I remember growing up in a small California Central Valley farming town and visiting relatives in facilities generously called “retirement homes”. It did not seem to be a very good way to spend your retirement, but what did a little kid know.
Over the years, I have had the opportunity to revisit these memories and started asking myself: “What would I do different?” It turns out be quite a few things.
We design, build and operate our own facilities. It is the only way to put your personal stamp on what you think is important–from larger rooms to creative programs and activities to putting greens, bocce ball and Irish Pubs.
It is also the only way to incorporate others’ good ideas, feedback (both positive and negative) and changing societal demands into our buildings and care structures (think Baby Boomers for a challenge).
I truly dislike the idea of having a mission statement. They are generally these trite soundbites that are made up of a bunch of $100 words that do not really mean very much. Sort of like a business bumper sticker or an internet tattoo placed on your face.
My personal mantra is simple. We can always do better. That’s it. Nothing fancy, but it is what I believe and hope to convey within my life and our company.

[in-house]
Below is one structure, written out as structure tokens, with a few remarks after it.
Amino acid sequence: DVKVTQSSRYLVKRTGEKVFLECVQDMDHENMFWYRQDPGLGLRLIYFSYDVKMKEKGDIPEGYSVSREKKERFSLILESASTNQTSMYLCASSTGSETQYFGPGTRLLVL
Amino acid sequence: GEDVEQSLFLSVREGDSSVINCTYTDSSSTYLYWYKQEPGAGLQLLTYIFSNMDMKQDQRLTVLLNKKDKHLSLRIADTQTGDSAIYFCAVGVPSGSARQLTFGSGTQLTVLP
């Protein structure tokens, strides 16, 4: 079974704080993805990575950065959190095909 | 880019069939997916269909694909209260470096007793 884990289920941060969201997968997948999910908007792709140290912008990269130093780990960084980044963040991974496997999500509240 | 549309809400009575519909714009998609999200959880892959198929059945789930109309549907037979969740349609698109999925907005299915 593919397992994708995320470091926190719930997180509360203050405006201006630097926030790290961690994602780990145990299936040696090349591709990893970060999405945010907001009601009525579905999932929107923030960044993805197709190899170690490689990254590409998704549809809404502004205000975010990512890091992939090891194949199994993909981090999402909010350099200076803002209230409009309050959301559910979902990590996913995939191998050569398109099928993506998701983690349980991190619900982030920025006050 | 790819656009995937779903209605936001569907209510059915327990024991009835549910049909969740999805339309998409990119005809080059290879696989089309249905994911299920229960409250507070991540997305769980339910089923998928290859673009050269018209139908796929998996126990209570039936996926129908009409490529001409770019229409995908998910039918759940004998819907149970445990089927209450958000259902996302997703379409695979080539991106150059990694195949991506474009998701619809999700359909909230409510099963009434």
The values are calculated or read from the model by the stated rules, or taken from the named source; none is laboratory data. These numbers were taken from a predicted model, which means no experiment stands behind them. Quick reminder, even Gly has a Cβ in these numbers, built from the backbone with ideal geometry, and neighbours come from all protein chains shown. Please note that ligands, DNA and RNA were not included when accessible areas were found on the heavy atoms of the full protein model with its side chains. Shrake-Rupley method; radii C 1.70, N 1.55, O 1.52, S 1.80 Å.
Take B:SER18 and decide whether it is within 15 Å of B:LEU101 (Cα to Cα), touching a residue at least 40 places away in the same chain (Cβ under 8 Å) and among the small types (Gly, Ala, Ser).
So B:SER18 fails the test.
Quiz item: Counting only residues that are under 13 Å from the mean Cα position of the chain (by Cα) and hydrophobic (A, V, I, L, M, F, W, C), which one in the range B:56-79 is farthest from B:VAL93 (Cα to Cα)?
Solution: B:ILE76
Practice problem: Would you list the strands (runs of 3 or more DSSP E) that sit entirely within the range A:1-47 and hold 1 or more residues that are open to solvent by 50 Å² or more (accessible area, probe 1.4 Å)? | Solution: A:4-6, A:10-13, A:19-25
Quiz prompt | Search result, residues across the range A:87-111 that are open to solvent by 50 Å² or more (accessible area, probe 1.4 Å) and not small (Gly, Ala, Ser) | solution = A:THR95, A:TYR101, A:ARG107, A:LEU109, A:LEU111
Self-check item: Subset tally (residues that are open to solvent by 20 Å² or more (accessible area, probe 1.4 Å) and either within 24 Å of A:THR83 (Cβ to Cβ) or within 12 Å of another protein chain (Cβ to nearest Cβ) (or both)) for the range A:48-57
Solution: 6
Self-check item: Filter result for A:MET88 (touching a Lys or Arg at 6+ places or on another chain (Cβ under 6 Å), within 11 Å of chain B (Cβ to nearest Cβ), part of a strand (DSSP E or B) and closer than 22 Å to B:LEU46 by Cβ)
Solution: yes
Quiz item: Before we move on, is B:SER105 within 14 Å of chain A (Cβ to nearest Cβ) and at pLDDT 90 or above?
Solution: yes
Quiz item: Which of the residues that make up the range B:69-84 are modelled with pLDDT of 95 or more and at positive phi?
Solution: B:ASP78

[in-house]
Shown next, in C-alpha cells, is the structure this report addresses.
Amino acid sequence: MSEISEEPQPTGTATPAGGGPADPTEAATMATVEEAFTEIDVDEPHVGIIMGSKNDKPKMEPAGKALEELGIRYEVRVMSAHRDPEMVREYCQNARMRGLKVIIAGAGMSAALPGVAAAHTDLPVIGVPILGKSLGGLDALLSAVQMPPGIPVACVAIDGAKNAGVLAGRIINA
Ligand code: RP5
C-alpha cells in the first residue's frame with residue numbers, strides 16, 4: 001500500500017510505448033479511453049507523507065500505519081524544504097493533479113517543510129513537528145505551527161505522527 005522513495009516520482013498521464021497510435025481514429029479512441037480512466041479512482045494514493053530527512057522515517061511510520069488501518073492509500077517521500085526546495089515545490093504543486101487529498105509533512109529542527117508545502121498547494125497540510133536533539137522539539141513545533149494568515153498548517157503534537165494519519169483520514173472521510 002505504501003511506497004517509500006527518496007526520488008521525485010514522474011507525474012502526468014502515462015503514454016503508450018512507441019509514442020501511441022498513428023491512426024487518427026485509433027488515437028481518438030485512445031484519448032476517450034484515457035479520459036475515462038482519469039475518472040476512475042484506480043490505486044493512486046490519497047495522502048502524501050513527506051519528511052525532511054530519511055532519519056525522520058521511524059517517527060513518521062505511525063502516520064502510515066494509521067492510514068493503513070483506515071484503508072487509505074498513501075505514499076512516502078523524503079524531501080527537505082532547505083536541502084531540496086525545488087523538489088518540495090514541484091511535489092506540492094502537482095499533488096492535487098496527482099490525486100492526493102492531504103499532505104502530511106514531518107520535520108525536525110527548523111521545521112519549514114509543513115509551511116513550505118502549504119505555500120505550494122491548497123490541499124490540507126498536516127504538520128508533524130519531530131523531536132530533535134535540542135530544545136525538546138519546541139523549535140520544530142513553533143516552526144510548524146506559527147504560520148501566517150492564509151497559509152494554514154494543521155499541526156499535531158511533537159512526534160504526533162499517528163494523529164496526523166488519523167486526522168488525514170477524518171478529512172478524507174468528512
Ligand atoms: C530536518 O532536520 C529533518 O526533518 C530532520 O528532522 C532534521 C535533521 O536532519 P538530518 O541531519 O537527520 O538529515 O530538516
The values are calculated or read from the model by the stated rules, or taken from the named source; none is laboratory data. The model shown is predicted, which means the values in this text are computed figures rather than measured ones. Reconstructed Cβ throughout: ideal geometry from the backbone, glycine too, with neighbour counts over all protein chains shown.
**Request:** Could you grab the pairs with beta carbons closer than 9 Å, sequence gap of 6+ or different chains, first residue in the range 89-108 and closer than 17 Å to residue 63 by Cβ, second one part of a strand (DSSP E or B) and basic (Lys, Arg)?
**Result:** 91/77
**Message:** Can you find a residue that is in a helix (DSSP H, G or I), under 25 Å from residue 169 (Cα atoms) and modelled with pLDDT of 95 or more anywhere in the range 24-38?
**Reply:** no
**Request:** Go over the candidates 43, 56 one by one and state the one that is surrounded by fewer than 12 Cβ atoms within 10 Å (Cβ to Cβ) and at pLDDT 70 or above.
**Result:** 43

It can be a little thing, like which direction should the toilet paper come off the roller or something big like what amenities can we provide to families with a loved one on hospice or providing internal daycare for our employees with children.
We are building homes for you, your parents or other loved ones. These homes should be filled with good stuff—nice smells, good food, caring people, laughter, companionship and activities that make you look forward to the next day while living your life in the moment.
This does sound a bit like a long-winded mission statement. It’s not. I promise you. It is the message given to our managers and staff, and hopefully, what they are imparting to your loved ones in our communities.
Some of your loved ones have dementia, which is a terrible affliction that has touched many Americans, either directly or indirectly. We have one the best memory care programs in the country, designed by a very caring and knowledgeable director within our management company.
We are very proud of our memory care program but would be ecstatic if it were no longer needed. An investor once asked me what we would do with our memory care facilities if someone came up with a cure for Alzheimer’s disease.
I told him that we would throw the biggest, longest party we could imagine and when we sobered up we would figure out what to do with the buildings. He thought I was kidding.
Life should be fun. Come have fun with us.